Protein and SCOD changes with time in aerobic condition were investigated three times using three individual reactors, and each sample was measured in duplicate ( Fig. 3 ). In one of the aerobic tests, the initial protein concentration of planktonic biomass in the aerobic process was 42.4 ± 0.71 mg/l, and it was increased to 57.7 ± 1.65 mg/l after 18 h, and then to 57.4 ± 0.94 mg/l at 21 h of operation. The SCOD concentration at 0 h was 157 ± 7.6 mg/l, and at 18 and 21 h of operation the SCOD value was dropped to 74 ± 6.7 mg/l (53% of SCOD removal) and 50 ± 2.7 mg/l (68% of SCOD removal). The other tests showed a similar result to the previous one in SCOD and protein concentrations. Based on the SCOD and protein data from all three reactors, the average biomass yield for the aerobic process was 0.46 ± 0.07 g-COD-cell/g-COD-substrate, which was within the typical range of 0.4 to 0.64 g-COD-cell/g-COD-substrate for the aerobic process. This biomass yield under aerobic condition was almost 23 times higher than the value with biomass on the anode electrode, and it was about 3 times higher than the total biomass yield (0.16 g-COD-cell/gCOD-substrate) in the MFC operation. This result suggests that microorganisms could get much more energy for their cell growth using oxygen as the final electron acceptors. However, in the MFC operation, relatively small energy was used for cell growth with the electrode as the final electron acceptor, and with oxygen diffused from the cathode, the planktonic bacteria could grow with oxidation of organic matter [14] . This result suggests that the MFC operation in real wastewater treatment will produce less sludge, which is a benefit to reduce operational and sludge removal costs.
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Protein and SCOD concentration changes as a function of time in three separate operations under aerobic condition.
- Protein and SCOD Concentration Changes in MFC Control
In the MFC operation, microorganisms will grow with two different final electron acceptors of either anode electrode or oxygen being diffused from the cathode side. In this test, the biomass yield without anode electrode in two identical MFC reactors was determined based on the measurements of planktonic biomass amount and SCOD removal over time ( Fig. 4 ). In Fig. 4 , the protein amounts of suspended biomass and SCOD from one reactor are presented. At the initial time, the measured protein concentration was 52.6 ± 0.35mg/l, and after 9 h of operation the protein concentration decreased slightly to 49.1 ± 2.47 mg/l. After 18 h of operation, the protein concentration increased to 54.8 ± 3.42 mg/l. The SCOD concentration was initially 185 ± 4.9 mg/l and decreased to 155 ± 2.8 mg/l after 9 h (16% removal). At 18 h, this SCOD amount decreased further to 123 ± 0.7 mg/l, in which 34% of SCOD removal was obtained. The biomass yield based on the data from the two reactors was 0.07 ± 0.03 g-COD-cell/g-COD-substrate (0-18 h), which was about 44% of the total biomass yield (0.16 g-COD-cell/g-CODsubstrate) in the MFC operation with current generation. This significant biomass growth observed without an anode electrode (no current generation) was possibly due to diffusion of molecular oxygen through the membrane and cathode electrode. This result suggests that controlling oxygen diffusion from the cathode part will be important to reduce the biomass growth without much sludge production in the MFC operation.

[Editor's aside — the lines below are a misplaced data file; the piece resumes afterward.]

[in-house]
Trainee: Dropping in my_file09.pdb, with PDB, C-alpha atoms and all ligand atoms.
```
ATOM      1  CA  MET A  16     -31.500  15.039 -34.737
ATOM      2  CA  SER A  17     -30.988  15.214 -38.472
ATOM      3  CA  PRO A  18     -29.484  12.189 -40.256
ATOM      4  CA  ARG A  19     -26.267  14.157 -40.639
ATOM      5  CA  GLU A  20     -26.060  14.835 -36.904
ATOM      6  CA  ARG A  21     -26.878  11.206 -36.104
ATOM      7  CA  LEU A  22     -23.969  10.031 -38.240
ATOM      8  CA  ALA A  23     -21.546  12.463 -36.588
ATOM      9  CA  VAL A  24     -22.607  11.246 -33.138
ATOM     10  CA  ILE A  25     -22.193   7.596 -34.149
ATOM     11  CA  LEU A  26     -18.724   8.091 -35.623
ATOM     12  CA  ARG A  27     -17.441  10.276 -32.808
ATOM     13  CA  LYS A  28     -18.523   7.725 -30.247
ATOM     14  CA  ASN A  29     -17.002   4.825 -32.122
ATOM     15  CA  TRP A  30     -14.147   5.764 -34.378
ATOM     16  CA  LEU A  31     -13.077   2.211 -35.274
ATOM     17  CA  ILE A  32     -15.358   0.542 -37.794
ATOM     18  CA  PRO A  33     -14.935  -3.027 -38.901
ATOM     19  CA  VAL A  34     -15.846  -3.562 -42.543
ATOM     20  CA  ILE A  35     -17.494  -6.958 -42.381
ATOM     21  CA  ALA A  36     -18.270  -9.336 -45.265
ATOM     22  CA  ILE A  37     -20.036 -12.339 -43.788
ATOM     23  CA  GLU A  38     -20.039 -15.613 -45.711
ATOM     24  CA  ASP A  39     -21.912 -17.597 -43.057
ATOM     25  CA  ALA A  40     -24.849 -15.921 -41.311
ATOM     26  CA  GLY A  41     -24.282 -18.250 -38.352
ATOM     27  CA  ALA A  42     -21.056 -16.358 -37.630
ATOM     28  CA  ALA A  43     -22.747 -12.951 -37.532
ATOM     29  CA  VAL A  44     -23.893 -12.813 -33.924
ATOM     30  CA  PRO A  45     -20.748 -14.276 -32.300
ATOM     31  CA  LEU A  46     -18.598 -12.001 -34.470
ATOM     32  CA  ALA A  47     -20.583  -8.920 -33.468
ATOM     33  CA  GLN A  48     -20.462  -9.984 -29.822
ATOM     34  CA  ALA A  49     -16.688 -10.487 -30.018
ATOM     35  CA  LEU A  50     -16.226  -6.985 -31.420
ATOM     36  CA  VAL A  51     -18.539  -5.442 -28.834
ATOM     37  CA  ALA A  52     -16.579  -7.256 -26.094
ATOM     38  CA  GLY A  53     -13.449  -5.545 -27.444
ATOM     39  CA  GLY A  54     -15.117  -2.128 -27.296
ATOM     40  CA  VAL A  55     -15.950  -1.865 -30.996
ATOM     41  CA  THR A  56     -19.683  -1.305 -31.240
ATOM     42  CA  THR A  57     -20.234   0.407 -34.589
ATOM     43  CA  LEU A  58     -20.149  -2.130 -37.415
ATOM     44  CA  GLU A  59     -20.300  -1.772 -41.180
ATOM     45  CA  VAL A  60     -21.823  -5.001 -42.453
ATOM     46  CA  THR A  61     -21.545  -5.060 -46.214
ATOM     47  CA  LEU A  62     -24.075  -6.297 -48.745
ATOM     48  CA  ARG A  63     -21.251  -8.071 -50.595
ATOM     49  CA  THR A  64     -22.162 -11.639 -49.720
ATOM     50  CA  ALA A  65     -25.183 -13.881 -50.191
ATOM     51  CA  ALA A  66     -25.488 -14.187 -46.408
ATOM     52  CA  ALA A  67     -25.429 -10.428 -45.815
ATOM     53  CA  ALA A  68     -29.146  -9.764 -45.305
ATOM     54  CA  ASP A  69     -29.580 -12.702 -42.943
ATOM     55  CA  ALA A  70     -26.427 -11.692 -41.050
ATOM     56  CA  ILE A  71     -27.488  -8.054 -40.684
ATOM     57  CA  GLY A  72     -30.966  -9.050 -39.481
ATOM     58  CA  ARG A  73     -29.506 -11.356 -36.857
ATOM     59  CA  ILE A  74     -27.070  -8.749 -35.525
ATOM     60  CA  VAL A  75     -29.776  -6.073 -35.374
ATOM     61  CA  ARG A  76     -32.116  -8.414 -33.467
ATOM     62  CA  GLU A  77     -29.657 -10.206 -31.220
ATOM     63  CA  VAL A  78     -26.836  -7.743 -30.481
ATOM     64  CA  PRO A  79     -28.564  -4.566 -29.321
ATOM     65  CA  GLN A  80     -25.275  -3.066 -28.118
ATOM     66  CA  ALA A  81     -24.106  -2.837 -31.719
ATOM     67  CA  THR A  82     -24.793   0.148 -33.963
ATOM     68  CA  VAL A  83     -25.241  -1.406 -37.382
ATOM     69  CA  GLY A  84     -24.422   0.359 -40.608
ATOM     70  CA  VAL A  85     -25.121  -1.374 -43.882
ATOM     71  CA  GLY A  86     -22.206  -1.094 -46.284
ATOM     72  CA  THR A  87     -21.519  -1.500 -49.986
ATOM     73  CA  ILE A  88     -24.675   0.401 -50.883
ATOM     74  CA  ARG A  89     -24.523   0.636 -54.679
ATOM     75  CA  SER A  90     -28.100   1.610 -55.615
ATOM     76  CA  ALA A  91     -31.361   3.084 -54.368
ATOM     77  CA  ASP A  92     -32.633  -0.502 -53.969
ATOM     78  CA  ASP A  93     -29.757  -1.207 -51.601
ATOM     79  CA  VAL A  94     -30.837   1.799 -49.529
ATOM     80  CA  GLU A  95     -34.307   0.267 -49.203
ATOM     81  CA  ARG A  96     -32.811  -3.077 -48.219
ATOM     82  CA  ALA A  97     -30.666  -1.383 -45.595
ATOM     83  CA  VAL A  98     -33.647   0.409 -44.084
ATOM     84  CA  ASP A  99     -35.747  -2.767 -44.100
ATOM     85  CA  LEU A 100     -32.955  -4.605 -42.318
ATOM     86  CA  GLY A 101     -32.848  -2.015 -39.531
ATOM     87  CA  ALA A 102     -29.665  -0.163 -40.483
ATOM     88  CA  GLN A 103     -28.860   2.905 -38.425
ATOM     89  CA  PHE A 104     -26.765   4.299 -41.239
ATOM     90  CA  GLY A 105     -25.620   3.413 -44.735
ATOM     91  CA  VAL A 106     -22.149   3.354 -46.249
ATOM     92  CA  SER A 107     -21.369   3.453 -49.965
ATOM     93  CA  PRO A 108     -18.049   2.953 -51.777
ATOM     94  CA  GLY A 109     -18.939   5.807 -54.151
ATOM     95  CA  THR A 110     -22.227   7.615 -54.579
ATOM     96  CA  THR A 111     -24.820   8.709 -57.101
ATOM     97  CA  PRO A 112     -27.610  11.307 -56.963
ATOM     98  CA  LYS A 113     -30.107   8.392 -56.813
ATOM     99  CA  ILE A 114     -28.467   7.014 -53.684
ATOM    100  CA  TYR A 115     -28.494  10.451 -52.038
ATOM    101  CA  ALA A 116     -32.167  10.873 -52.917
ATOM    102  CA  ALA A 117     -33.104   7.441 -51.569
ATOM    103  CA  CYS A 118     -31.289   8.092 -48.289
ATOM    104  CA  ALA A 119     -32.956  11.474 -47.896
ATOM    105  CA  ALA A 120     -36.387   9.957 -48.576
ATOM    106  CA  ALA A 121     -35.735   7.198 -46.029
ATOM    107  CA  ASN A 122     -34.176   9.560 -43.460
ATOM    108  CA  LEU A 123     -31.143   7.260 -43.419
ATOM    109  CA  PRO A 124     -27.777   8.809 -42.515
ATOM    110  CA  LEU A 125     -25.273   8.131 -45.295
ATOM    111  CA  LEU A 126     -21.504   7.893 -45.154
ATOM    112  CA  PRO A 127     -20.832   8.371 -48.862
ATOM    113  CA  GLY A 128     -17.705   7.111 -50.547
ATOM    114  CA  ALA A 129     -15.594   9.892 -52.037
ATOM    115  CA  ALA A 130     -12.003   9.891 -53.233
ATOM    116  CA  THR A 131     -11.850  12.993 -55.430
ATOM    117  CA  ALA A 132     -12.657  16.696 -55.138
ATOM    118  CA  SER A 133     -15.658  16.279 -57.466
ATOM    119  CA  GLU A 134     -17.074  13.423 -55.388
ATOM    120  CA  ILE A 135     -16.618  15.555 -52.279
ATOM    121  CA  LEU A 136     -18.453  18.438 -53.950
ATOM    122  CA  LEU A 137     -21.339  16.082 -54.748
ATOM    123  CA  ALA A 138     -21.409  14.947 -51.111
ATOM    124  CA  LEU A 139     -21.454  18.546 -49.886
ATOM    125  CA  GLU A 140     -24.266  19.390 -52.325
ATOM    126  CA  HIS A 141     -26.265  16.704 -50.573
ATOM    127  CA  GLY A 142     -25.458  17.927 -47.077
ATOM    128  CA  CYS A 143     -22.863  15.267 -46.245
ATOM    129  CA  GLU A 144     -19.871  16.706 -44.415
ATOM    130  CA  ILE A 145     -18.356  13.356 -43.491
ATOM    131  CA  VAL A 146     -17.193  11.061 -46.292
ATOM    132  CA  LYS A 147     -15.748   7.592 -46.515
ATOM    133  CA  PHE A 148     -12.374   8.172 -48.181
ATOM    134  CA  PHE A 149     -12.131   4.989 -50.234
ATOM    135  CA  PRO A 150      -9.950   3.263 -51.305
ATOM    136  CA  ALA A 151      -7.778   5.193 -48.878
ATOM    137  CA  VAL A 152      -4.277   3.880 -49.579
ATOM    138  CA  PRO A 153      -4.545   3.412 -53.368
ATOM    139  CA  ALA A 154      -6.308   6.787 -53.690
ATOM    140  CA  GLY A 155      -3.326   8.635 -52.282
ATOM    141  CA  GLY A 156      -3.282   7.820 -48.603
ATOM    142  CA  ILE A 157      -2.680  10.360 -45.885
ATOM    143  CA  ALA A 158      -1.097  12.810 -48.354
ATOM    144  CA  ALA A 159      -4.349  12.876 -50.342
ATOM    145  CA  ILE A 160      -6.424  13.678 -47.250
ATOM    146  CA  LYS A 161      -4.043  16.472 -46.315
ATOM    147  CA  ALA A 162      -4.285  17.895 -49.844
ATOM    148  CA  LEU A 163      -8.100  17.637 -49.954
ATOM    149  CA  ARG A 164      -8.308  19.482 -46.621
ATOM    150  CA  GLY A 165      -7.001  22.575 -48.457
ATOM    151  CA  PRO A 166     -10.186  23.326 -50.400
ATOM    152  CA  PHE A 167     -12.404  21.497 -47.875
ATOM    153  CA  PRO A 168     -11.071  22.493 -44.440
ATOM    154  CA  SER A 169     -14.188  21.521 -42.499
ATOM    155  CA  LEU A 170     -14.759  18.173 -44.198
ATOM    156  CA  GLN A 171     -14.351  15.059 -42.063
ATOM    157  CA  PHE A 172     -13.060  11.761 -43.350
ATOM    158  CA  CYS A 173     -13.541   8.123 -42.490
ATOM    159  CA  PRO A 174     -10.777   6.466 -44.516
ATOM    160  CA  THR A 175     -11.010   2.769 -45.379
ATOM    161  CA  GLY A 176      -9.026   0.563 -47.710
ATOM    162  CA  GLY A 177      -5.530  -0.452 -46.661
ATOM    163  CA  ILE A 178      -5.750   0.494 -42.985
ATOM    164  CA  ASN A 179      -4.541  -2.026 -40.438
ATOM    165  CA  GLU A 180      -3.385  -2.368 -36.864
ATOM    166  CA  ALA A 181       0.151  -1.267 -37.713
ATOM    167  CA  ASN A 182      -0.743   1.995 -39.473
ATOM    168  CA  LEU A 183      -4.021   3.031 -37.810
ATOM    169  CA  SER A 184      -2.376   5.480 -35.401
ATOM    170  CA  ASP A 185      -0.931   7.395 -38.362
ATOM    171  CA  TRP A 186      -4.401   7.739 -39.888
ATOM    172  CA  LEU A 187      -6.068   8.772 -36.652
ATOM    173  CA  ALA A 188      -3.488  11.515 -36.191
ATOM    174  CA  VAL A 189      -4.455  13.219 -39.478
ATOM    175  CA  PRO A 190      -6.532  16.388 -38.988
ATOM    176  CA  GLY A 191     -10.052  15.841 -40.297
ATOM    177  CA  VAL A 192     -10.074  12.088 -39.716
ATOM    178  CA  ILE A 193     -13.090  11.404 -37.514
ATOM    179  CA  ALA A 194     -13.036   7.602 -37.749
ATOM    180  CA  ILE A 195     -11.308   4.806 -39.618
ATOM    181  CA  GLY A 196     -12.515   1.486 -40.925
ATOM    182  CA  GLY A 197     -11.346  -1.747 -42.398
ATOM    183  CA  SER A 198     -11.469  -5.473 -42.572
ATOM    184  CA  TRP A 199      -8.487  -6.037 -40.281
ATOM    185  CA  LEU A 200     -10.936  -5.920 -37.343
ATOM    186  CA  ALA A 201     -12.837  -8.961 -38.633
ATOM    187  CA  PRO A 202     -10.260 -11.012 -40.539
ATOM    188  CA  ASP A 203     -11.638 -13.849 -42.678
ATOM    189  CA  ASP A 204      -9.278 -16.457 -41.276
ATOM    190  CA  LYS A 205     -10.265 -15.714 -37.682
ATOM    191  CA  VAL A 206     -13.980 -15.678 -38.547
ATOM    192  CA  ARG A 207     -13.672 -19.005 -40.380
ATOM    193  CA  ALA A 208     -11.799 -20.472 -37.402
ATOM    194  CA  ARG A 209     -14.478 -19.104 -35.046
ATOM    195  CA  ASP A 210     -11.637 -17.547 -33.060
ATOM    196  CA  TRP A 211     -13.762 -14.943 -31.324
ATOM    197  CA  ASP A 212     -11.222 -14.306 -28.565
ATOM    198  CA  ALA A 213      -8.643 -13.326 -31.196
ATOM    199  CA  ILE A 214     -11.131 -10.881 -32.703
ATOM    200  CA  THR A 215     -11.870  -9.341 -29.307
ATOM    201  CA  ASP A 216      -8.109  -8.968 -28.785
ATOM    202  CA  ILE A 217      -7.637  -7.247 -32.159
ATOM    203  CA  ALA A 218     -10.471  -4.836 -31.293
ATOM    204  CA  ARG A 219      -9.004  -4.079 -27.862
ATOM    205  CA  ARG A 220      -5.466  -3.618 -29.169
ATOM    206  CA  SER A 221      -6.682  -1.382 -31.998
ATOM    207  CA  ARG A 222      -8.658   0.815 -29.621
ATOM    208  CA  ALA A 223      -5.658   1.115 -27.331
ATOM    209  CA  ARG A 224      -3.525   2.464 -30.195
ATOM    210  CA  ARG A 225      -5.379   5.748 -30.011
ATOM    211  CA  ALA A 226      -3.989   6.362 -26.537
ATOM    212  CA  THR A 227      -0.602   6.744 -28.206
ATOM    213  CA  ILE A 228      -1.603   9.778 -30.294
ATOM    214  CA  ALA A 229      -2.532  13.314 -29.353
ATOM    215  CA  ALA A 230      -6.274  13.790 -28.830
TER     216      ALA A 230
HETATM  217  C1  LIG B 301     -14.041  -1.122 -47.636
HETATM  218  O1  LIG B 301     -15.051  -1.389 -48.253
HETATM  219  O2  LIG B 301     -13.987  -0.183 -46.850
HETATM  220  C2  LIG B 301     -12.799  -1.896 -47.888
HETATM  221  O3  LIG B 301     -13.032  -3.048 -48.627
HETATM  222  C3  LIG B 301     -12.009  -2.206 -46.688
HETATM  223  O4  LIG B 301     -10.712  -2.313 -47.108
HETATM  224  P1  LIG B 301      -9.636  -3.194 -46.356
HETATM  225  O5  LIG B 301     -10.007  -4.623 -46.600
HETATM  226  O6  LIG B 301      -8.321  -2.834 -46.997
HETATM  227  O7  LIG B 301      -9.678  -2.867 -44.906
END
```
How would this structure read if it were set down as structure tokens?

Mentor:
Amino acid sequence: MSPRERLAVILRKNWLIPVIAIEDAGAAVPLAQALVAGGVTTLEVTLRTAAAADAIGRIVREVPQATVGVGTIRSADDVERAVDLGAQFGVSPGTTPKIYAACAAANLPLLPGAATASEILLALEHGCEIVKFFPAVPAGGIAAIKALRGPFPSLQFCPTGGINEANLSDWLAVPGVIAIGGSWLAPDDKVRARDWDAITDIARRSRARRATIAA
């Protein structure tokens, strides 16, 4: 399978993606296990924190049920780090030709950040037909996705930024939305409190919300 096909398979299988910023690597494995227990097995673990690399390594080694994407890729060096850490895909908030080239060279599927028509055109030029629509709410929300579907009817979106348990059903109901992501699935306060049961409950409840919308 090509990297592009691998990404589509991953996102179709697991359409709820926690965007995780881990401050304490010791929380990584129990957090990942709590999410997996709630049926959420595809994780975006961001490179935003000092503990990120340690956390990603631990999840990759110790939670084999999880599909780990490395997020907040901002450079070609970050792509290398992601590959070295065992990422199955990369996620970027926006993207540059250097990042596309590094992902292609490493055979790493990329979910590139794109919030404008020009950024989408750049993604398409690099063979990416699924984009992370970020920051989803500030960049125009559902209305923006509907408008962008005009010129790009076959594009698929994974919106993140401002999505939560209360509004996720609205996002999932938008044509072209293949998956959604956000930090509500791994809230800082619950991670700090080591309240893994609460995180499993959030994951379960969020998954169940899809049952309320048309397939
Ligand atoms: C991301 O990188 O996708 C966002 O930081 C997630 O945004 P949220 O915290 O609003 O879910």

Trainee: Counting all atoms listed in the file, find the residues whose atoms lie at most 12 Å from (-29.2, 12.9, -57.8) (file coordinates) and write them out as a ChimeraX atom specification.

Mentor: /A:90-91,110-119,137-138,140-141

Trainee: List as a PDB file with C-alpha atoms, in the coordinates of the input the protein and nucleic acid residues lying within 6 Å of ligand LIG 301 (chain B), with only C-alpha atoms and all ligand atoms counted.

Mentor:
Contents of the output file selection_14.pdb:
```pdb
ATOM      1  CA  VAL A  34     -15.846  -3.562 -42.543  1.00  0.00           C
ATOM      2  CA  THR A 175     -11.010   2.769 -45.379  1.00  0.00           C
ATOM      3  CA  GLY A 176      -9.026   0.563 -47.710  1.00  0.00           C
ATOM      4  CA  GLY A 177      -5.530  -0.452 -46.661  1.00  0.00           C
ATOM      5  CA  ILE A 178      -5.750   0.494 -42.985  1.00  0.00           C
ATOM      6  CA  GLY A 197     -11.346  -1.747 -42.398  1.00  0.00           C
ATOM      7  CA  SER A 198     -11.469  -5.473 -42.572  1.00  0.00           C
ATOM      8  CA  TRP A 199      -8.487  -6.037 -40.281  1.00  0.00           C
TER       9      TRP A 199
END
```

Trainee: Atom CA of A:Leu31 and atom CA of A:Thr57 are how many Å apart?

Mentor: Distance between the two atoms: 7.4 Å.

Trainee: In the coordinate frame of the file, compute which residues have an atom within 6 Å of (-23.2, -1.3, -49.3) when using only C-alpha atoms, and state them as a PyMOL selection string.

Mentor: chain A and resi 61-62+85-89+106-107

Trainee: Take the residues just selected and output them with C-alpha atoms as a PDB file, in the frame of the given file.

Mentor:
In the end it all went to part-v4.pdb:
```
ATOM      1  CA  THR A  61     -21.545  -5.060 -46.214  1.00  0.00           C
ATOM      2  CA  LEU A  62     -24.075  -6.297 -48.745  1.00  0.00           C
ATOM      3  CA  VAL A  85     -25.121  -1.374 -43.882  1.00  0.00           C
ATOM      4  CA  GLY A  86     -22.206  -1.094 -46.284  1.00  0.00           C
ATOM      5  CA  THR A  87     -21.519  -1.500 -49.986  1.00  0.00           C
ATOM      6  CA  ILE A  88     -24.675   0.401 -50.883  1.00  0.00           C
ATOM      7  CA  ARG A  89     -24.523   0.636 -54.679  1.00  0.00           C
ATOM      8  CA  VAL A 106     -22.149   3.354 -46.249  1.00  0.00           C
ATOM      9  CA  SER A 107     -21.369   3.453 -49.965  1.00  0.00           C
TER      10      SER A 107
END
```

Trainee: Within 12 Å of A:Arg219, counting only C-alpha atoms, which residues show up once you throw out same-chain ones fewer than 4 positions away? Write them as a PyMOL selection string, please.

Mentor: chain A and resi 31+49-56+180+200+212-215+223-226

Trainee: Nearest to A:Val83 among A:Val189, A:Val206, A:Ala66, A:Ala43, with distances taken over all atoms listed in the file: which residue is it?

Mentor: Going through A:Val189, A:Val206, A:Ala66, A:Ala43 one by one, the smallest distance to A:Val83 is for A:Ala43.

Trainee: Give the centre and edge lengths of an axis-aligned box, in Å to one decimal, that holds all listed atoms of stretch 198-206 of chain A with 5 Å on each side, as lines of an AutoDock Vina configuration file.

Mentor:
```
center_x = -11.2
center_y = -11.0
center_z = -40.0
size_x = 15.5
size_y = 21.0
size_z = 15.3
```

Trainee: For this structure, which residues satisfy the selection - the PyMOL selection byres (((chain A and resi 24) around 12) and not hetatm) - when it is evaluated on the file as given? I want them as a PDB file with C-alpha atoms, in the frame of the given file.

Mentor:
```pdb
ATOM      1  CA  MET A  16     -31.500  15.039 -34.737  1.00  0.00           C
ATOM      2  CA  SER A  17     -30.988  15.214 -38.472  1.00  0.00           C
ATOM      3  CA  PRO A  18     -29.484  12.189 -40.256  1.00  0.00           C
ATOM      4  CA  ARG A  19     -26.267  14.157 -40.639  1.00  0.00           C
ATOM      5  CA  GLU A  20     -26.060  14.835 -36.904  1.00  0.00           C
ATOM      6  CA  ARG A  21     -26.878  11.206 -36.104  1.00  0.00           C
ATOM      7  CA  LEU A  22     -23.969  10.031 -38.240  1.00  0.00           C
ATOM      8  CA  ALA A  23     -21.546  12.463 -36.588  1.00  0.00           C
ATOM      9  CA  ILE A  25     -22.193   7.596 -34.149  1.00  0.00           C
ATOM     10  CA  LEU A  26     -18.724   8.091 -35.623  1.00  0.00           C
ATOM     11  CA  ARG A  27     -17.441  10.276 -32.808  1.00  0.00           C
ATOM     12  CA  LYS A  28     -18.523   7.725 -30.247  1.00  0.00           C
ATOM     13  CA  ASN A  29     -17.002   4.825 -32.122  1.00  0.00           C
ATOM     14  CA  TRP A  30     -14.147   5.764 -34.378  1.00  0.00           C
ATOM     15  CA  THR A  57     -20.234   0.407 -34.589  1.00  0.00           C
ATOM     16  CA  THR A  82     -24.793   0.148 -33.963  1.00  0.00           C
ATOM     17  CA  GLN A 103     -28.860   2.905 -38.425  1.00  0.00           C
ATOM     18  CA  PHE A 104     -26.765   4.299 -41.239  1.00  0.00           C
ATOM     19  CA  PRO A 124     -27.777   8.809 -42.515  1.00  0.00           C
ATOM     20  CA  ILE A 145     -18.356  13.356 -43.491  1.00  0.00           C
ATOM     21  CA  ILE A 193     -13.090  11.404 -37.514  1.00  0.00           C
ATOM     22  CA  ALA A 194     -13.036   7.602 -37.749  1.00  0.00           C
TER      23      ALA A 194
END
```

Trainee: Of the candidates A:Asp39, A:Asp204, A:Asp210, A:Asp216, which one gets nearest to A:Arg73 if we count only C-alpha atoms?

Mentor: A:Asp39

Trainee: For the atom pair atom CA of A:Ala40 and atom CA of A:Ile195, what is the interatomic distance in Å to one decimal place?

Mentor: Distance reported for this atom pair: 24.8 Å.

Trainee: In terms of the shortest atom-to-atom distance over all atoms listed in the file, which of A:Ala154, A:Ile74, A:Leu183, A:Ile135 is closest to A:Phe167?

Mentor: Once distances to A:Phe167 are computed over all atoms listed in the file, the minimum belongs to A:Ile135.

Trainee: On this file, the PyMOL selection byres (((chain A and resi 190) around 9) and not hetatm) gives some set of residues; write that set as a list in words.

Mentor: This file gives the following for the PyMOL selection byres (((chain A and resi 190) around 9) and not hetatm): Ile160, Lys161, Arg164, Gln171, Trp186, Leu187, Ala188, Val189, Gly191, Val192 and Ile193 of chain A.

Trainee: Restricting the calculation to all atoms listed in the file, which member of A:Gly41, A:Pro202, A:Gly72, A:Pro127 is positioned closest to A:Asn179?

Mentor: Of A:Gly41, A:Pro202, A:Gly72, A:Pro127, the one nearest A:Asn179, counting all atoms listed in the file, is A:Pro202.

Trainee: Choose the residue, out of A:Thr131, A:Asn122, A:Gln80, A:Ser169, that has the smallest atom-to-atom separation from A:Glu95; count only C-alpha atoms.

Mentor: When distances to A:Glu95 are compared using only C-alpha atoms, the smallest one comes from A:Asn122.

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Protein and SCOD concentrations as a function of time in MFC reactors without anode (MFC control).
Acknowledgements
The Authors thank Sanath Kondaveeti and Kwang-Soon Choi for their help in carrying out this work. This study was supported by MFC R&BD center co-founded with Kwater, Hanhwa E&C and Taeyoung E&C, NRF of Korea (No 2012R1A1A2042031), and Brain Korea 21 Plus project (20140260).